A novel by Anthony Burgess
After years of exile, the Restoration court of Charles II of England ushers in an era of celebration and debauchery, the king in sore need of approbation after penurious suffering. It is no wonder, then, that this roué's eye is captured by the antics of an orange girl in the theater- one of Charles's favorite pastimes- the young beauty possessed of a rapier wit that is as seductive to the monarch as her blossoming figure. A daughter of poverty, Nell Gwyn takes advantage of every opportunity to better her circumstances and avoid the fate of her mother and sister, launched in the theater by a wealthy merchant. With a gift for mimicry and a bawdy sense of humor, Nell rises quickly to great popularity on the stage, charming the king each time he is in the audience. In this classic tale of king and commoner, the author paints a vivid picture of Restoration England, the petty politics that fester near the throne and the bold actions of a young woman who lives for the moment and the accolades of the crowd. Though she may grow intemperate in her use of ribald jests, the king tolerates his lover, realizing in Nell a true friend who will always speak truth to power.
Susan Holloway Scott is adept at bringing history alive through the perspective of women who exist within the inner circles of power, in this case Nell Gwyn, stage actress and king's mistress. From barefoot chit with romantic fantasies of her king, the bright Nell becomes the king's beloved consort and bears him two sons. Following Lady Castlemaine in Charles's affections, Nell watches carefully, sympathetic to Charles's Portuguese bride, Catherine of Braganza, who remains childless, Nell soon realizing the way to his heart and his bed is through the extravagant wit she has in abundance. Nell is quick to establish a cunning friendship that will lead to a love affair than continues until the king's death. It is Nell's journey, from barefoot dreamer to consort that dominates this novel, the challenges and triumphs of an unlikely royal paramour. While her natural habitat is the theater, Nell learns the ways of the court, the intrigues and petty jealousies that surround the powerful.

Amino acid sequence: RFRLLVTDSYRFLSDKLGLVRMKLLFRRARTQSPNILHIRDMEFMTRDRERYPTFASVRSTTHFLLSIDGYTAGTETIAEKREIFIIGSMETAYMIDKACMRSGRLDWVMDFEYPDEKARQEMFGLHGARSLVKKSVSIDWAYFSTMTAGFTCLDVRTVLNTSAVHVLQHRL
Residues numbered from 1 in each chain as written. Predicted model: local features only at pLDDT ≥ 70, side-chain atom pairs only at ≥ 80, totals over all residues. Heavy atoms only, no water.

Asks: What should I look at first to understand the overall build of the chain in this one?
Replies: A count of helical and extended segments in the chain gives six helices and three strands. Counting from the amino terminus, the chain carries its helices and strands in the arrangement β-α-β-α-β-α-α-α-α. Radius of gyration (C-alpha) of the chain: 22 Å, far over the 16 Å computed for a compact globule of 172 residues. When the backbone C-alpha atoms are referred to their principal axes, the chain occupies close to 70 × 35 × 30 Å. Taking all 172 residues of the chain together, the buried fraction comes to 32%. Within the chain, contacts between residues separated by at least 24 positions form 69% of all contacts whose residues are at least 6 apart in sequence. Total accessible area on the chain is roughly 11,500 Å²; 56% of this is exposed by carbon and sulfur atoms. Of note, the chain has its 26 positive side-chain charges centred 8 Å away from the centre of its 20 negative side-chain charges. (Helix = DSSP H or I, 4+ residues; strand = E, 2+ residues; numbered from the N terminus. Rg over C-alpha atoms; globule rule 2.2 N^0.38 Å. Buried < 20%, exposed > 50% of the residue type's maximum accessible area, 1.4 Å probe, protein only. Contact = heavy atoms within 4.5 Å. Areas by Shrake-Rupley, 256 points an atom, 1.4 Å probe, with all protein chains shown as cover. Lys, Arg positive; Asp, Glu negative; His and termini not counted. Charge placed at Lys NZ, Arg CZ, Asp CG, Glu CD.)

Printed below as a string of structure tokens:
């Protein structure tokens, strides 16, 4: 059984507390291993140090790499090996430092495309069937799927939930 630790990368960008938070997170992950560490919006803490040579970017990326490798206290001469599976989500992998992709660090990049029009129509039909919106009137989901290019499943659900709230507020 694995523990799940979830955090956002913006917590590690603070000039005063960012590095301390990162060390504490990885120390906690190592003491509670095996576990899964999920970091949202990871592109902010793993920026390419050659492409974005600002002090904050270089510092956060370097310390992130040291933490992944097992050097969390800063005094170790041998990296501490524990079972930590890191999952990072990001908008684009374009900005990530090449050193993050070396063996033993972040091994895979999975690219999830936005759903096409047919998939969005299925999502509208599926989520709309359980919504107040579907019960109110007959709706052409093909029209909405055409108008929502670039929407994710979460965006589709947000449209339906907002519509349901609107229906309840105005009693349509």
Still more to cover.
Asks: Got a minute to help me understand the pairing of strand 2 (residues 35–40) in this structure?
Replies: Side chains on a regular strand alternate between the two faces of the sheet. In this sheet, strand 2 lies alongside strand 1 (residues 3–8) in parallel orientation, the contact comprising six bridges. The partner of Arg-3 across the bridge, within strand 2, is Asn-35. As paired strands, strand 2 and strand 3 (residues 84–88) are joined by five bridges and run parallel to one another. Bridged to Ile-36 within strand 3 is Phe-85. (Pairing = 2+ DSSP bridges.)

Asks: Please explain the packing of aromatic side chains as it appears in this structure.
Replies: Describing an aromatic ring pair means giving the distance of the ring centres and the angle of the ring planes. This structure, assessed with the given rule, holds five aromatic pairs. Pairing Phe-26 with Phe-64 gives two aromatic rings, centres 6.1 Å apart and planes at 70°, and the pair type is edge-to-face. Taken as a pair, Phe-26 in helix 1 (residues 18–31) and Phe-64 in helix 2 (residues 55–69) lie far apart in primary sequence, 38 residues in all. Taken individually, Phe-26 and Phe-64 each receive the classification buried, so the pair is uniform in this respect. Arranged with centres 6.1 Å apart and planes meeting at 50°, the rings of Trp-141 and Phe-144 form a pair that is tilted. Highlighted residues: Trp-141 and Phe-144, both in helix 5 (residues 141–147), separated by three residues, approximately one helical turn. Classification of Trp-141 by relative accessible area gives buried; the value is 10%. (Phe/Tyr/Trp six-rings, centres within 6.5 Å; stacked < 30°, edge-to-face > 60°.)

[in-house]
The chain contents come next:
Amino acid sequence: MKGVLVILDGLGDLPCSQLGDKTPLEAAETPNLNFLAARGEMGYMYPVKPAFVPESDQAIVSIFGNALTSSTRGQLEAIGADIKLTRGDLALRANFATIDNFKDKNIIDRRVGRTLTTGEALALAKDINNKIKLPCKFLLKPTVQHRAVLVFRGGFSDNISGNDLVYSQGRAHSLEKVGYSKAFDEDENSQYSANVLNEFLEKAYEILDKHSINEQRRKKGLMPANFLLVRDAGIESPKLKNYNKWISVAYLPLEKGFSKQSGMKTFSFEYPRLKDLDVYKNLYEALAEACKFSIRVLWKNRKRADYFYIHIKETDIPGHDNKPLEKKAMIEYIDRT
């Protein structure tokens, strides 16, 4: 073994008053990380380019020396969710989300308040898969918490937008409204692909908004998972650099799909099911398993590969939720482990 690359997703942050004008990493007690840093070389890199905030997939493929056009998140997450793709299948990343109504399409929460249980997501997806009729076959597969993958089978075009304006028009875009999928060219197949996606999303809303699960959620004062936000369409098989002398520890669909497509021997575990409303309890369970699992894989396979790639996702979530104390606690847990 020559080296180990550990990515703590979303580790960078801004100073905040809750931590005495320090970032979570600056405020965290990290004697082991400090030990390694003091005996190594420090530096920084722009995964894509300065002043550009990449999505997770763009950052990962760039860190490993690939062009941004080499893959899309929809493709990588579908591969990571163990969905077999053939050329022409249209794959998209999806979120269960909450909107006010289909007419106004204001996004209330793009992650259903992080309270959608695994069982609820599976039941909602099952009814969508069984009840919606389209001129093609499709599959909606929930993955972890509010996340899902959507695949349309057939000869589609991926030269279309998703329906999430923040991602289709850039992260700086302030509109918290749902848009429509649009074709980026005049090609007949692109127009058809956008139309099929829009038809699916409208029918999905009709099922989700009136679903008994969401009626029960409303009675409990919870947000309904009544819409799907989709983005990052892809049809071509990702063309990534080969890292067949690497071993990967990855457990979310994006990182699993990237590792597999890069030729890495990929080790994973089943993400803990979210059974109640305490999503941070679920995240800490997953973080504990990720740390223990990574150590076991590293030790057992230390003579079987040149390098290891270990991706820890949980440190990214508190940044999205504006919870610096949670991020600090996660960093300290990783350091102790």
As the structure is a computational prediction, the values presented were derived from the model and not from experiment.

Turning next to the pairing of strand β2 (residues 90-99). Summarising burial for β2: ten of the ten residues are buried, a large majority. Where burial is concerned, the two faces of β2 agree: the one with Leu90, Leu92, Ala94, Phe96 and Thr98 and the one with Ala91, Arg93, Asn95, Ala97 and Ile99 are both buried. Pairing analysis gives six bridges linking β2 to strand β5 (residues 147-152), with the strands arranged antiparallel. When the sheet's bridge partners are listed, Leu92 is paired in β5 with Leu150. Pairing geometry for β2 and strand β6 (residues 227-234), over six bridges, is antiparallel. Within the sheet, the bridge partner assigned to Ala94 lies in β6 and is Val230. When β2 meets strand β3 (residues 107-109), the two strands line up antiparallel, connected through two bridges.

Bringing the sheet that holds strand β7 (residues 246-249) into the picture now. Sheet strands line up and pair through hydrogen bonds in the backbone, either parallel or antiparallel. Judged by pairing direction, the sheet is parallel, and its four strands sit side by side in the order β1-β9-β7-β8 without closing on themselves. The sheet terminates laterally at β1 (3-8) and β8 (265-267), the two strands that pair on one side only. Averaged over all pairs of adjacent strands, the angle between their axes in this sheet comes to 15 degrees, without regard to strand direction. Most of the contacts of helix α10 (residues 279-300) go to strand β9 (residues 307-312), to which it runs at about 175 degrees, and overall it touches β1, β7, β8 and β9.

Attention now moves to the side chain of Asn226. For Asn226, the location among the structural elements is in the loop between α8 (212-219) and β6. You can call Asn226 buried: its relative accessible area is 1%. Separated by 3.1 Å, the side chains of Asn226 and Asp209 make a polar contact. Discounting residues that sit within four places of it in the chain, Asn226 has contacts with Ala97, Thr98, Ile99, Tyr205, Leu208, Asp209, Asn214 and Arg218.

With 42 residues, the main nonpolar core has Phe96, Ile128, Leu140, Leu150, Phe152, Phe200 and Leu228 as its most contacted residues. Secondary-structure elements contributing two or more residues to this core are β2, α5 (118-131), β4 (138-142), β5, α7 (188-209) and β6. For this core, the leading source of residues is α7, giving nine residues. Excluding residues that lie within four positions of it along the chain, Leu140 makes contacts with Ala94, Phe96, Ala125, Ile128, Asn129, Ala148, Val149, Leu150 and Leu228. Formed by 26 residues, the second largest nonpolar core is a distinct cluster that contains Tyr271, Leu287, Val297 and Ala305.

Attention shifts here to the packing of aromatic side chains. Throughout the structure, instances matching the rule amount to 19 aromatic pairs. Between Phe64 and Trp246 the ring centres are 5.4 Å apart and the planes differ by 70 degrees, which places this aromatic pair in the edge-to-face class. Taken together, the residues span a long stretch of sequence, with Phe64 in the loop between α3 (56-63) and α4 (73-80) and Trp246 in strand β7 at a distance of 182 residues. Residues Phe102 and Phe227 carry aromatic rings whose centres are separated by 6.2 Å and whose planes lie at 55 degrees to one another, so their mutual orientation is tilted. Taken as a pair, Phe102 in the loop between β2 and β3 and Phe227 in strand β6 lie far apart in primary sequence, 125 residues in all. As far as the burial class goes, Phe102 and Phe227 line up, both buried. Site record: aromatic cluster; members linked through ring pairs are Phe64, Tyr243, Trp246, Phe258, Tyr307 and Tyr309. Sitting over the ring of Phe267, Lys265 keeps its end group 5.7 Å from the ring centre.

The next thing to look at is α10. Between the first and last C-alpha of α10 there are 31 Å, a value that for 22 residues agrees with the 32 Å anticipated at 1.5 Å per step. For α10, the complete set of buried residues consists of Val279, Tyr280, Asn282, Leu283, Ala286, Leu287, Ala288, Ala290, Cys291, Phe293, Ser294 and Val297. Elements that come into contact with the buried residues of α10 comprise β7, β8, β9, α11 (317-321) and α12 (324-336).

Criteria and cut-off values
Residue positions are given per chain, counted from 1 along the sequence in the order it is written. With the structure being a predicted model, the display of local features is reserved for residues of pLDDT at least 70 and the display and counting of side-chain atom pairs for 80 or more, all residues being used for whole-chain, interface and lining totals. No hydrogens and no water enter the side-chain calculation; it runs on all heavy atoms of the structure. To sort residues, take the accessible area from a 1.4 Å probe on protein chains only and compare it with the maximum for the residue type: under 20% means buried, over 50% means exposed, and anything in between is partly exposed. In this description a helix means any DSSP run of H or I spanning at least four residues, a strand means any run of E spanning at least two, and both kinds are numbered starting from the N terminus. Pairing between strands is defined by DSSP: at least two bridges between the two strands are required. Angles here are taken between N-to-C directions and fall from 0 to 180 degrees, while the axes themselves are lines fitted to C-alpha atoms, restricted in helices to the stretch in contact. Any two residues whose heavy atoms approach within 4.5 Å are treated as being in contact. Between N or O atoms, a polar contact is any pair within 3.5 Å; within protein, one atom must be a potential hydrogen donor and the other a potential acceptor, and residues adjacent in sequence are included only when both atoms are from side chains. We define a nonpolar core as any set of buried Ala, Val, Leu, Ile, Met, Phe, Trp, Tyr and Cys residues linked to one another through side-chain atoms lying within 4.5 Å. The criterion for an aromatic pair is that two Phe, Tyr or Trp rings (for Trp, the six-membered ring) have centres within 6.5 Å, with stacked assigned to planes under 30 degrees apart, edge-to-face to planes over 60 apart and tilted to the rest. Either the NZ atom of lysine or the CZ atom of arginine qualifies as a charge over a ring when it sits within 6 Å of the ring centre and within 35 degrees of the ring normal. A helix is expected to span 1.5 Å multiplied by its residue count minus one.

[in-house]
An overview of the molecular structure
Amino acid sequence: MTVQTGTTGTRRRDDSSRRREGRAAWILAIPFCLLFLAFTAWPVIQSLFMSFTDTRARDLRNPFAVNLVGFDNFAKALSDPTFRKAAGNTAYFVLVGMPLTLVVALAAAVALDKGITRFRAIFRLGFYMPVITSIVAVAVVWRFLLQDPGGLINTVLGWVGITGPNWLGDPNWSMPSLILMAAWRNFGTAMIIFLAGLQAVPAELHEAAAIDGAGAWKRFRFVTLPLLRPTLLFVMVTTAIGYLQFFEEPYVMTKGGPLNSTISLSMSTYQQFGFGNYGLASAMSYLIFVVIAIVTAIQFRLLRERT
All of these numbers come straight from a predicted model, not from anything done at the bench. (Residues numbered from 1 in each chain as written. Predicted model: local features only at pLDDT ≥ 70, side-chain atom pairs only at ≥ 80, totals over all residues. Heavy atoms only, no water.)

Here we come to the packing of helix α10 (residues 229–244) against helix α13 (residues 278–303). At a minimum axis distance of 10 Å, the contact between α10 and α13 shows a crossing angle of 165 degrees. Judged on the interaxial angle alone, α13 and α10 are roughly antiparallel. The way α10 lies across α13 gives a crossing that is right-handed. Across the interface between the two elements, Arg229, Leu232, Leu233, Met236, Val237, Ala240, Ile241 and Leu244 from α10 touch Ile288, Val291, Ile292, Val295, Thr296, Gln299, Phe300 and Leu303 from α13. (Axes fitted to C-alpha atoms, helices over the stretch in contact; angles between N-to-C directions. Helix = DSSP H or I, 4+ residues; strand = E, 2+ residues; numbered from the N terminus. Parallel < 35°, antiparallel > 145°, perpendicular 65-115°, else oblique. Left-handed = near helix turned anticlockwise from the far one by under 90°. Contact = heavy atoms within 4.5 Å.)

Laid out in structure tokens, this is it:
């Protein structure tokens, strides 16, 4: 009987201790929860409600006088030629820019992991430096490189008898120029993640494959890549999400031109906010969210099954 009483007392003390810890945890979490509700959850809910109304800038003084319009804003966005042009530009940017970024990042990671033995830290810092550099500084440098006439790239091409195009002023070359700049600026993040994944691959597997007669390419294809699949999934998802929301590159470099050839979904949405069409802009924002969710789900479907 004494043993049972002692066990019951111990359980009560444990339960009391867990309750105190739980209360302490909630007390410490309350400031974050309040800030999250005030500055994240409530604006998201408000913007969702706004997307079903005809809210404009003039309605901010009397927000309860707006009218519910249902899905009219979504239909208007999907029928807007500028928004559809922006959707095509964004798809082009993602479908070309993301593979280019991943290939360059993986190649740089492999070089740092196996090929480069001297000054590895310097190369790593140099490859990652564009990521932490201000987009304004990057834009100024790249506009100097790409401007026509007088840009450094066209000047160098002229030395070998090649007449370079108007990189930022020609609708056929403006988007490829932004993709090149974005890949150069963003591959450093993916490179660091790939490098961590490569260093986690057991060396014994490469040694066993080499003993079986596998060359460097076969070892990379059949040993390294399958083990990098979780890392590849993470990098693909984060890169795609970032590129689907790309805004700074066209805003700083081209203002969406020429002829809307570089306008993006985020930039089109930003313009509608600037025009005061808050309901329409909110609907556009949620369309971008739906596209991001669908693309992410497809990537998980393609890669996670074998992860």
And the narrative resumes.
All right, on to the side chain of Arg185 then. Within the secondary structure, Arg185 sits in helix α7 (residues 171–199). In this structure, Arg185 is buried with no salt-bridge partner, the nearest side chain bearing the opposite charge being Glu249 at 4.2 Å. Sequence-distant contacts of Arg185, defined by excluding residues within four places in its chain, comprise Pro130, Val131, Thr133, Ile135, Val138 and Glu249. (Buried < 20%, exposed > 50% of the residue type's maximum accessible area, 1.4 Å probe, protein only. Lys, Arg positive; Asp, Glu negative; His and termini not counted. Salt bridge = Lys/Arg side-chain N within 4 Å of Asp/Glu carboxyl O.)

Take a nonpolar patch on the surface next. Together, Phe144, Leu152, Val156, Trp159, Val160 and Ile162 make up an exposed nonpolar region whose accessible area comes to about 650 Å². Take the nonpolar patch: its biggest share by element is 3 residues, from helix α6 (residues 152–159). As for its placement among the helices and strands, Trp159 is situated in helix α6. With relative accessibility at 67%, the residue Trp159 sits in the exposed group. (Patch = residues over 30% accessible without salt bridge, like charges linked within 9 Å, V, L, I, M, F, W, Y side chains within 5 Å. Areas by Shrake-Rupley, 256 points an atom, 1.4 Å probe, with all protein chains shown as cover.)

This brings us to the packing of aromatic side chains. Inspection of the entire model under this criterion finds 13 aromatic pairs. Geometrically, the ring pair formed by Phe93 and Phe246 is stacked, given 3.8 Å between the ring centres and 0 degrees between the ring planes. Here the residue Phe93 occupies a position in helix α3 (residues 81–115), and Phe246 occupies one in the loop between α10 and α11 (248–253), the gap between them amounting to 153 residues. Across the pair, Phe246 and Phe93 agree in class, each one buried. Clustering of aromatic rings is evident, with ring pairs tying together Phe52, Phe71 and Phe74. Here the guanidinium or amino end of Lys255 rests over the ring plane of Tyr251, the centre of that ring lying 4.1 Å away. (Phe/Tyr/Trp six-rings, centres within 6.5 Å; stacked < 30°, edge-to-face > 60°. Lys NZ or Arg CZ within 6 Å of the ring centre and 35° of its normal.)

The world intrudes on Nell's happiness with the death of the king's sister and a "gift" from Louis XIV, the enchanting Louise de Keroualle, the woman delivering Nell's first painful blow as rival for the king's affection. Nell rides out the affair, even as it wounds her. Although Gwyn doesn't influence policy, her low birth a hindrance to real acceptance, certainly Nell is a mitigating factor in the life of a man beset by political intrigue and tedious wars, his popularity diminishing over the years in an outcry against suspicion of Papist influence that plagues Charles's rule. It is Nell and her cohorts, Buckingham, Rochester and Buckhurst, who bring much needed levity to the king's days. But even her great love cannot shield Nell from the inevitable, dire straights she faces after Charles's death. Burning brightly for those happy years with her beloved, Nell remains an icon, cresting the wave of hedonism that so defines the Restoration court. Through Nell's eyes, history is revisited, the ribald atmosphere of the theater and the fickle heart of the monarch who dotes on a unique creature who boldly blends truth, humor and passion, all in service to her king.
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